Resilience in Ohio: How Leaders and Teachers Take on the Greatest Challenges in Education
Guest blog by: Dr. Douglas Reeves
“Thank goodness that’s over!”
While this sentiment is tempting, I’ve learned that the best school leaders in Ohio never say that. Rather, they are seizing the opportunities of the last 18 months to make changes in curriculum, schedules, and effective use of time for teacher, building, and district teams. How do schools in Ohio and around the nation demonstrate resilience and self-care for students and staff members? That is the subject of my keynote for the 2021 OLAC & PBIS Showcase on December 9.
The powerful new evidence I will share is based on the book, Fearless Schools: Building Trust and Resilience for Learning, Teaching, and Leadership (2021), which explores practical hands-on strategies to bring the ideals of social and emotional learning into practice.
What Distinguishes the Best School and District Plans?
In reviewing hundreds of school and district plans, my colleagues and I have found that there are clear, distinguishing characteristics that separate effective and ineffective plans. While every leader in Ohio has completed the detailed self-assessment required by the state, the best leaders regard those findings as the top of the funnel, where every possible need and remedy resides. At the bottom of the funnel, by contrast, are the few priorities on which these districts and schools will focus. Our research on the value of focus is clear—the leaders who have six or fewer priorities have dramatically better gains in student achievement compared to schools and districts that have dozens of priorities. Moreover, the best plans don’t just focus on test scores and other “effect” data. Rather, they focus on causes—the specific actions teacher and leader teams are doing that lead to better student results. This leaves them with a “Plan on a Page” in which every stakeholder in the system can understand clearly the relationship between the values and vision of the school and the five or six specific decisions and actions by administrators and teachers that will propel the school from theory to action.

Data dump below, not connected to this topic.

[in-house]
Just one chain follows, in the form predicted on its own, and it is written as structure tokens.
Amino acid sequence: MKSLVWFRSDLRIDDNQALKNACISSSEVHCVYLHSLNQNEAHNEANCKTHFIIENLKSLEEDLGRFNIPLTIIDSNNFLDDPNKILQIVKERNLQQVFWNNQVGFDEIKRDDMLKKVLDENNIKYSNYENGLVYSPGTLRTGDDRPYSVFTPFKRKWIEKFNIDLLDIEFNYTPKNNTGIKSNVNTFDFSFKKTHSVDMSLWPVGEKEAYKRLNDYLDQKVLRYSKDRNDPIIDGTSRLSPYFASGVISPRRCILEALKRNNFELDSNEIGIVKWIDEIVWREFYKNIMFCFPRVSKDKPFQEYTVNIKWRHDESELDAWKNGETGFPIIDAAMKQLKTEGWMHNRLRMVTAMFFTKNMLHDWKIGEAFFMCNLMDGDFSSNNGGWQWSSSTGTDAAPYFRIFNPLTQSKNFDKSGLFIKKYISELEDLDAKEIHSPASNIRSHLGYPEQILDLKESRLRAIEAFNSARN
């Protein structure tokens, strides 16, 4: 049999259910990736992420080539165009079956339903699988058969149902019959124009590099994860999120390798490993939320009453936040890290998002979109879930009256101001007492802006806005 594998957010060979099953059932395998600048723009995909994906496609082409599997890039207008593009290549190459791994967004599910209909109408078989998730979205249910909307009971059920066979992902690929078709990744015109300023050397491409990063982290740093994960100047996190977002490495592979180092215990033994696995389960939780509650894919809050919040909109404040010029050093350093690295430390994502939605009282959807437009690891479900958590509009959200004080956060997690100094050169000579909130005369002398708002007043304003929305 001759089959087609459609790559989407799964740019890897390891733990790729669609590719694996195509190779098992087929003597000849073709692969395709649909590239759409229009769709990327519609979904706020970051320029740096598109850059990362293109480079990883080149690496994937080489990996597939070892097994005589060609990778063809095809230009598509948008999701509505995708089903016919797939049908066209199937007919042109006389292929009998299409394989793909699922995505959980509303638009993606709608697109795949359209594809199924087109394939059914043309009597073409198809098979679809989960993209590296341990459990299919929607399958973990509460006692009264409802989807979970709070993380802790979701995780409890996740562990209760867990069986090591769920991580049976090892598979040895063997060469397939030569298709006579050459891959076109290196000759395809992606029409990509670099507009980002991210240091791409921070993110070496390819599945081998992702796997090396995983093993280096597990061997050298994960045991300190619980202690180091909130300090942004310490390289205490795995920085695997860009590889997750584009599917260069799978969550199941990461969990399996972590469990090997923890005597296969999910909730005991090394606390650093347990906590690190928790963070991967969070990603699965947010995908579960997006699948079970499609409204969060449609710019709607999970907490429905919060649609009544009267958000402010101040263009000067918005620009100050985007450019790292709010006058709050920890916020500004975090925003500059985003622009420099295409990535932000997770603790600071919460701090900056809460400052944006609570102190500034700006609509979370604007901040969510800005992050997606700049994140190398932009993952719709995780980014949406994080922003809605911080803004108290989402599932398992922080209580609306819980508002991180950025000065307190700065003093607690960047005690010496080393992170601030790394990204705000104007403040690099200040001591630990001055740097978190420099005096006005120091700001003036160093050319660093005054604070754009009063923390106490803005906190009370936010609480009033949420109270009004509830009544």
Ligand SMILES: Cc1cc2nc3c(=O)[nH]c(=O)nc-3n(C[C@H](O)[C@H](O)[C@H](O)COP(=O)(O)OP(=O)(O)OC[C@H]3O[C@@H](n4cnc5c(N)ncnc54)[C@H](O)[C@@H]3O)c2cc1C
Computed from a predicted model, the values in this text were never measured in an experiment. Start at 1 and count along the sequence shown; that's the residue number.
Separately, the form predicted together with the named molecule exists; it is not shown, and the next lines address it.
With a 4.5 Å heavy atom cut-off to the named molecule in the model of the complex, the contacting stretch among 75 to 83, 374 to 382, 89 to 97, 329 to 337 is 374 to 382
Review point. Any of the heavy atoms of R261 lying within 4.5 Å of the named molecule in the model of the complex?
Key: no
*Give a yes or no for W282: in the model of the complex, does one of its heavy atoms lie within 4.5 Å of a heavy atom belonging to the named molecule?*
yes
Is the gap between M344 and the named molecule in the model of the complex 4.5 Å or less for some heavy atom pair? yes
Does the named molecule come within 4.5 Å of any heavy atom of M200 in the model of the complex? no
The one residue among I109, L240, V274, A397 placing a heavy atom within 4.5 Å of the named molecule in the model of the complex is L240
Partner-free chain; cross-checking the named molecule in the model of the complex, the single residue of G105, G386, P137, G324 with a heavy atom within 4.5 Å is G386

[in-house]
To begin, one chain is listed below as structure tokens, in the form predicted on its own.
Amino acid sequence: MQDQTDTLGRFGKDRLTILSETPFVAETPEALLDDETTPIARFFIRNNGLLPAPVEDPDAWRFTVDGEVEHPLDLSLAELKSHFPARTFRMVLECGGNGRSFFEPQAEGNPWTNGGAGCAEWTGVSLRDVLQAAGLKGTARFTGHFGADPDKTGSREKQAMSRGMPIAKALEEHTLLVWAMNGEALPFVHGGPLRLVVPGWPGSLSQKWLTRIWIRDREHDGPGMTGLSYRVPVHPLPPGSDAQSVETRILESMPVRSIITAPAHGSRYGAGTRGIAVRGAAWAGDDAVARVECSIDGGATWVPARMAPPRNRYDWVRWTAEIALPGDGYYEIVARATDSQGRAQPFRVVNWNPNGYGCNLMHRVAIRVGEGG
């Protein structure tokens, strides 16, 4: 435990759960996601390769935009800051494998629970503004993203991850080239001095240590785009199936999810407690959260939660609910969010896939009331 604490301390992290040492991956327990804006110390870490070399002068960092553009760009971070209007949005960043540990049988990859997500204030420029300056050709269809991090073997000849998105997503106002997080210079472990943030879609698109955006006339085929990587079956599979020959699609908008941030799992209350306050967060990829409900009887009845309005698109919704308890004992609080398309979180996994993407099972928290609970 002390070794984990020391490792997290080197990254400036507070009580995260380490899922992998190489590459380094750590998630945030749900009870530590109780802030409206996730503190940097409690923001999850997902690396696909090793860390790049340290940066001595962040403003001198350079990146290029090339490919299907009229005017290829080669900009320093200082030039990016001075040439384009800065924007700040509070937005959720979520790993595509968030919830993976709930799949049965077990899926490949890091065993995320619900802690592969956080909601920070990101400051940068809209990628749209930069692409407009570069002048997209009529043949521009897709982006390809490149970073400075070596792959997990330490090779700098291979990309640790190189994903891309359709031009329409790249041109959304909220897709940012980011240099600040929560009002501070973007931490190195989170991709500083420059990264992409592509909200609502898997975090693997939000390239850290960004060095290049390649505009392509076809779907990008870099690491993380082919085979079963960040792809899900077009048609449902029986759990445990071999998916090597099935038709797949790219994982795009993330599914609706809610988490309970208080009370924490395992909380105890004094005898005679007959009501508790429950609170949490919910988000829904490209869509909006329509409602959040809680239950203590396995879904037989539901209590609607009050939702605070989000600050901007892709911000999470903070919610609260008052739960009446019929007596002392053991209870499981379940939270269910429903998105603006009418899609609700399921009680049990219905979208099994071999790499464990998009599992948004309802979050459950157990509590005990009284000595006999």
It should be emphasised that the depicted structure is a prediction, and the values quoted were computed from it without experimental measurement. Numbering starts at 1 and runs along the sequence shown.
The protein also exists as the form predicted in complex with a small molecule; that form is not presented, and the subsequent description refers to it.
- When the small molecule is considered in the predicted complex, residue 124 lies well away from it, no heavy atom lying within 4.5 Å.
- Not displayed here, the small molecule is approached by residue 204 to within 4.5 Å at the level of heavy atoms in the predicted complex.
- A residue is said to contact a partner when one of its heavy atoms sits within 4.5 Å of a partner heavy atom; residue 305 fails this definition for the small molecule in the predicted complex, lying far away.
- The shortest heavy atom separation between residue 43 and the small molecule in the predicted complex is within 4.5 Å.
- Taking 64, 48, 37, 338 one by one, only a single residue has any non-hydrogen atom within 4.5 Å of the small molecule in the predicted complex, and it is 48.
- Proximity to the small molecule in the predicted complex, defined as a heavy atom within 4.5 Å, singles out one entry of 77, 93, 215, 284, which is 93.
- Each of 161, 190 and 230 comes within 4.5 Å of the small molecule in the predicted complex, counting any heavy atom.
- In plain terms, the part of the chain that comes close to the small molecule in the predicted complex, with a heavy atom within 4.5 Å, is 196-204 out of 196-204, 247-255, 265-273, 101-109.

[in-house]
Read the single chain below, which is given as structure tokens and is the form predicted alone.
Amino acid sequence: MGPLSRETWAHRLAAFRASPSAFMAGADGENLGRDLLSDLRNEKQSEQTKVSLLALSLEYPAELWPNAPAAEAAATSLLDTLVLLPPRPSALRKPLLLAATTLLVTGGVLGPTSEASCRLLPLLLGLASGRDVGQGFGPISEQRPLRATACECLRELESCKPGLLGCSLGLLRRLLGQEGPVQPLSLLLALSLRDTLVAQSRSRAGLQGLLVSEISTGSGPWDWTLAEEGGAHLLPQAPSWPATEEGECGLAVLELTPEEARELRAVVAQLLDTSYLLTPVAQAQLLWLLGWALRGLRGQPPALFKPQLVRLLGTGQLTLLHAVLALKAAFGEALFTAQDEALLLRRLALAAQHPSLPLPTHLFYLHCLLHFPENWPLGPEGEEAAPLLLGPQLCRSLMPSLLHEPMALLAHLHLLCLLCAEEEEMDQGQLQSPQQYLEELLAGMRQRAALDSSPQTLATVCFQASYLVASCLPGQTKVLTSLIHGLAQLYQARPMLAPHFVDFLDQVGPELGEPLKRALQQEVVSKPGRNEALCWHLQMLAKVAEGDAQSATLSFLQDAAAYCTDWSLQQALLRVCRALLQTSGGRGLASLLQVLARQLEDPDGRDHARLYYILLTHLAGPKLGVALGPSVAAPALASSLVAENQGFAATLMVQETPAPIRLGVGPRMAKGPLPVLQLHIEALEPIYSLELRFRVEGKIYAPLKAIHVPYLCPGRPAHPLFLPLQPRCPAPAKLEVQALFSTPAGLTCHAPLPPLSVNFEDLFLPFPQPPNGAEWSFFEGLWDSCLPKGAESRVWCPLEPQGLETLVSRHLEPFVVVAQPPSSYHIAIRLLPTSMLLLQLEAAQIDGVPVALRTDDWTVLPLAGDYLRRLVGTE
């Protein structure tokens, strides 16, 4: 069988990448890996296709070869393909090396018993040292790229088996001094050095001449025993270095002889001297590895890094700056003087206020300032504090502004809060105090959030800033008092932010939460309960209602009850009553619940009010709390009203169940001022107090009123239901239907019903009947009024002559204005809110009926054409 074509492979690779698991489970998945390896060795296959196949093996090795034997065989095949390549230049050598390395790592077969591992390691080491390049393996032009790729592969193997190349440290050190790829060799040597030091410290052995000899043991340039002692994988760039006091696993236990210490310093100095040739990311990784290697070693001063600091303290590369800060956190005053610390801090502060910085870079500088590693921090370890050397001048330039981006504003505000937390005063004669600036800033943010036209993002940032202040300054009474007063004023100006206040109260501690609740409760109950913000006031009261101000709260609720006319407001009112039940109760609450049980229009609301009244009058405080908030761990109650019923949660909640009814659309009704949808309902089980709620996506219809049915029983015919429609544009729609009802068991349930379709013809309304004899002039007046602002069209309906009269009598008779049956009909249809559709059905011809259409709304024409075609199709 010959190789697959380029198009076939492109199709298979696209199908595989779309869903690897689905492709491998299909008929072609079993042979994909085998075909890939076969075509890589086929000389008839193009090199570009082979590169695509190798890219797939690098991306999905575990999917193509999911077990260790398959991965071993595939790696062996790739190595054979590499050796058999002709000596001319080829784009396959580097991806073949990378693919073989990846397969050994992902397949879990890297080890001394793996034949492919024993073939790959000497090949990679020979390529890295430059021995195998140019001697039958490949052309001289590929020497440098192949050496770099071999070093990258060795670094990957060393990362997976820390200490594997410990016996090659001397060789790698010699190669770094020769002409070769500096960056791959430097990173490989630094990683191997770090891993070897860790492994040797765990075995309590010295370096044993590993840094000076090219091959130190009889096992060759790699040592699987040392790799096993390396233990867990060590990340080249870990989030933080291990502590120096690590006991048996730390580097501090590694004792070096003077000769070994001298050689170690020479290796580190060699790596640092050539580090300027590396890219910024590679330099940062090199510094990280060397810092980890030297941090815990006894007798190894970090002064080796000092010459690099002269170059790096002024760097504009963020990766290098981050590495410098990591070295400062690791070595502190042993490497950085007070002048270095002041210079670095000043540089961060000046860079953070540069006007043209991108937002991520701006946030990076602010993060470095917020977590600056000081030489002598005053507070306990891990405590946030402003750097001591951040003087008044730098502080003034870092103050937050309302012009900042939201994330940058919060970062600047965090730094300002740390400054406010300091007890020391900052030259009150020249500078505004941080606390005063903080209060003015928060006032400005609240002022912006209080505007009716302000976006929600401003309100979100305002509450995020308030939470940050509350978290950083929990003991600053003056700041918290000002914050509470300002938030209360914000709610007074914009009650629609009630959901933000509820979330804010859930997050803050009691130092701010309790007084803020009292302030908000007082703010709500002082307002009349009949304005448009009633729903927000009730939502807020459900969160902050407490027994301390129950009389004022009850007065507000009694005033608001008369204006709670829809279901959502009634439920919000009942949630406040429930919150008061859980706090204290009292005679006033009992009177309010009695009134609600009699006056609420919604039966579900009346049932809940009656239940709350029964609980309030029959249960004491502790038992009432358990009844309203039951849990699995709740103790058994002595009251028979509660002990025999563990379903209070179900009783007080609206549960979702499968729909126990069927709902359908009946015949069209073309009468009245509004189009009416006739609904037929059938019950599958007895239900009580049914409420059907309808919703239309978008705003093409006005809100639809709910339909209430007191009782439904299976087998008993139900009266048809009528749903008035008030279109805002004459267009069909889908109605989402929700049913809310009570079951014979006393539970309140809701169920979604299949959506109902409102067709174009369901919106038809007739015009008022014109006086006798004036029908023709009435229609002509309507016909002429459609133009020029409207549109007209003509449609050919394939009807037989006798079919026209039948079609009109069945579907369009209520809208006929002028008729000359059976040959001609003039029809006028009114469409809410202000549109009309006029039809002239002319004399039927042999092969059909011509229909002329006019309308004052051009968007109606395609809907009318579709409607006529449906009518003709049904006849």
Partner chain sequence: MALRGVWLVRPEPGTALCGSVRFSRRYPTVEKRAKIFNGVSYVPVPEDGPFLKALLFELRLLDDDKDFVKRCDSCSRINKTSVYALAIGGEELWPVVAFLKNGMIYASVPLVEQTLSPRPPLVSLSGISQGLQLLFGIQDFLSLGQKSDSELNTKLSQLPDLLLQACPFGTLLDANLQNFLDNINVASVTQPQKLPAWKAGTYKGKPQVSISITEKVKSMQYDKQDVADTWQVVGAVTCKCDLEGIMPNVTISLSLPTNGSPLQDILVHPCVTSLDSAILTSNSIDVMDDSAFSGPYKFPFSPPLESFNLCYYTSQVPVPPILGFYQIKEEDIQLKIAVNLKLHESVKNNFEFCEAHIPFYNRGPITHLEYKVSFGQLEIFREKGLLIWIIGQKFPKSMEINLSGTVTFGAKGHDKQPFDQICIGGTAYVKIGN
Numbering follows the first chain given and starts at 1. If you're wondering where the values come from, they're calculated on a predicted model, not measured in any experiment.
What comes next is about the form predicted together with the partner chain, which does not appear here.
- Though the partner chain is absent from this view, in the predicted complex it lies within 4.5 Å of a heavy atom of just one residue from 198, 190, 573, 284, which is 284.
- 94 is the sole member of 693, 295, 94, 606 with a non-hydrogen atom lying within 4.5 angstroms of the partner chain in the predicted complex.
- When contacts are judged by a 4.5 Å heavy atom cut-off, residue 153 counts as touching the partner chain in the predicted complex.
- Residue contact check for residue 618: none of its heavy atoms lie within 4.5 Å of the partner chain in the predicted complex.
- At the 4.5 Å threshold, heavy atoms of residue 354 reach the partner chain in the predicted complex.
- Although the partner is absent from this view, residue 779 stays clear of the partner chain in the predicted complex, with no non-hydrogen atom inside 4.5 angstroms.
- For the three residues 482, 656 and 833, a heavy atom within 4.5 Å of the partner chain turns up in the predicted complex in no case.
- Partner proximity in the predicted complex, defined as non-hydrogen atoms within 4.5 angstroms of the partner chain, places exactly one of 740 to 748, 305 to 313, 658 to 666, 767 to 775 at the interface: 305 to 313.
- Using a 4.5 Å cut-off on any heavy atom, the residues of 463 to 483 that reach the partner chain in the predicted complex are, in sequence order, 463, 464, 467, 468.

Schools often have three- to five-year strategic plans, and Ohio requires three-year planning cycles. While these documents offer perspective and deliberation over time, teachers, leaders, students, and community members need the reassurance and confidence that come from short-term wins. For example, a long-term strategy might be to improve the quality of feedback and grading from all teachers. But, a short-term win would stem from something as uncomplicated as allowing teachers to determine the final grade based on Ohio standards, rather than on the average of performance throughout the year. This one simple action—disabling the automatic calculation of the final grade based on the average—results in an immediate reduction in the D/F rate, along with an improvement in climate and culture, faculty morale, and the provision of more elective and advanced courses—all because there are fewer failures and fewer sections of repeaters.
Ohio Evidence for Ohio Schools
We have all seen the usual merry-go-round of outside experts who speak at school gatherings, pleading with the audience to accept their claims about how to improve teaching and leadership. These outsider claims, however, often fall on deaf ears because, however statistically significant those results may be, they just don’t apply to Ohio schools. That is why, with the support of the Ohio Department of Education, State Support Teams, and school leaders around the state, we are developing the “science fair” approach. In every school, we are seeking to have volunteer teachers who will produce a simple three-panel science fair display. The first panel displays their challenge—achievement, attendance, parent engagement—let the teachers choose the greatest challenge they face in their own school. The second panel displays a specific practice. This is where teachers experiment with specific strategies to improve academic performance, behavior, and attendance. The third panel shows the results. Ohio schools who are early adopters of this format—challenge, practice, results—are finding not only gains in achievement, but also gains in acceptance of the research. This is “inside-out’ change, demonstrating what can be done with our schedule, budget, culture, and bargaining agreements.
2021 OLAC & PBIS Showcase
My keynote presentation on December 9 will be interactive, so I hope that participants will come ready to hear the latest 2021 evidence on leadership and student results. I also hope that they will come with challenges and questions. I’ve seen superintendents and board members around the nation have their attention diverted with local controversies on issues ranging from masks to Critical Race Theory. While we don’t shy away from those challenges, we also have an obligation to keep the main thing the main thing—and that is a commitment to equity and excellence for every Ohio student.
About the Author
Dr. Reeves is the author of more than 40 books and 100 articles on educational leadership. Twice named to the Harvard University Distinguished Authors Series, Doug received the Contribution to the Field Award and the Brock International Prize for his contributions to education. Doug blogs at CreativeLeadership.net and Tweets @Douglas Reeves.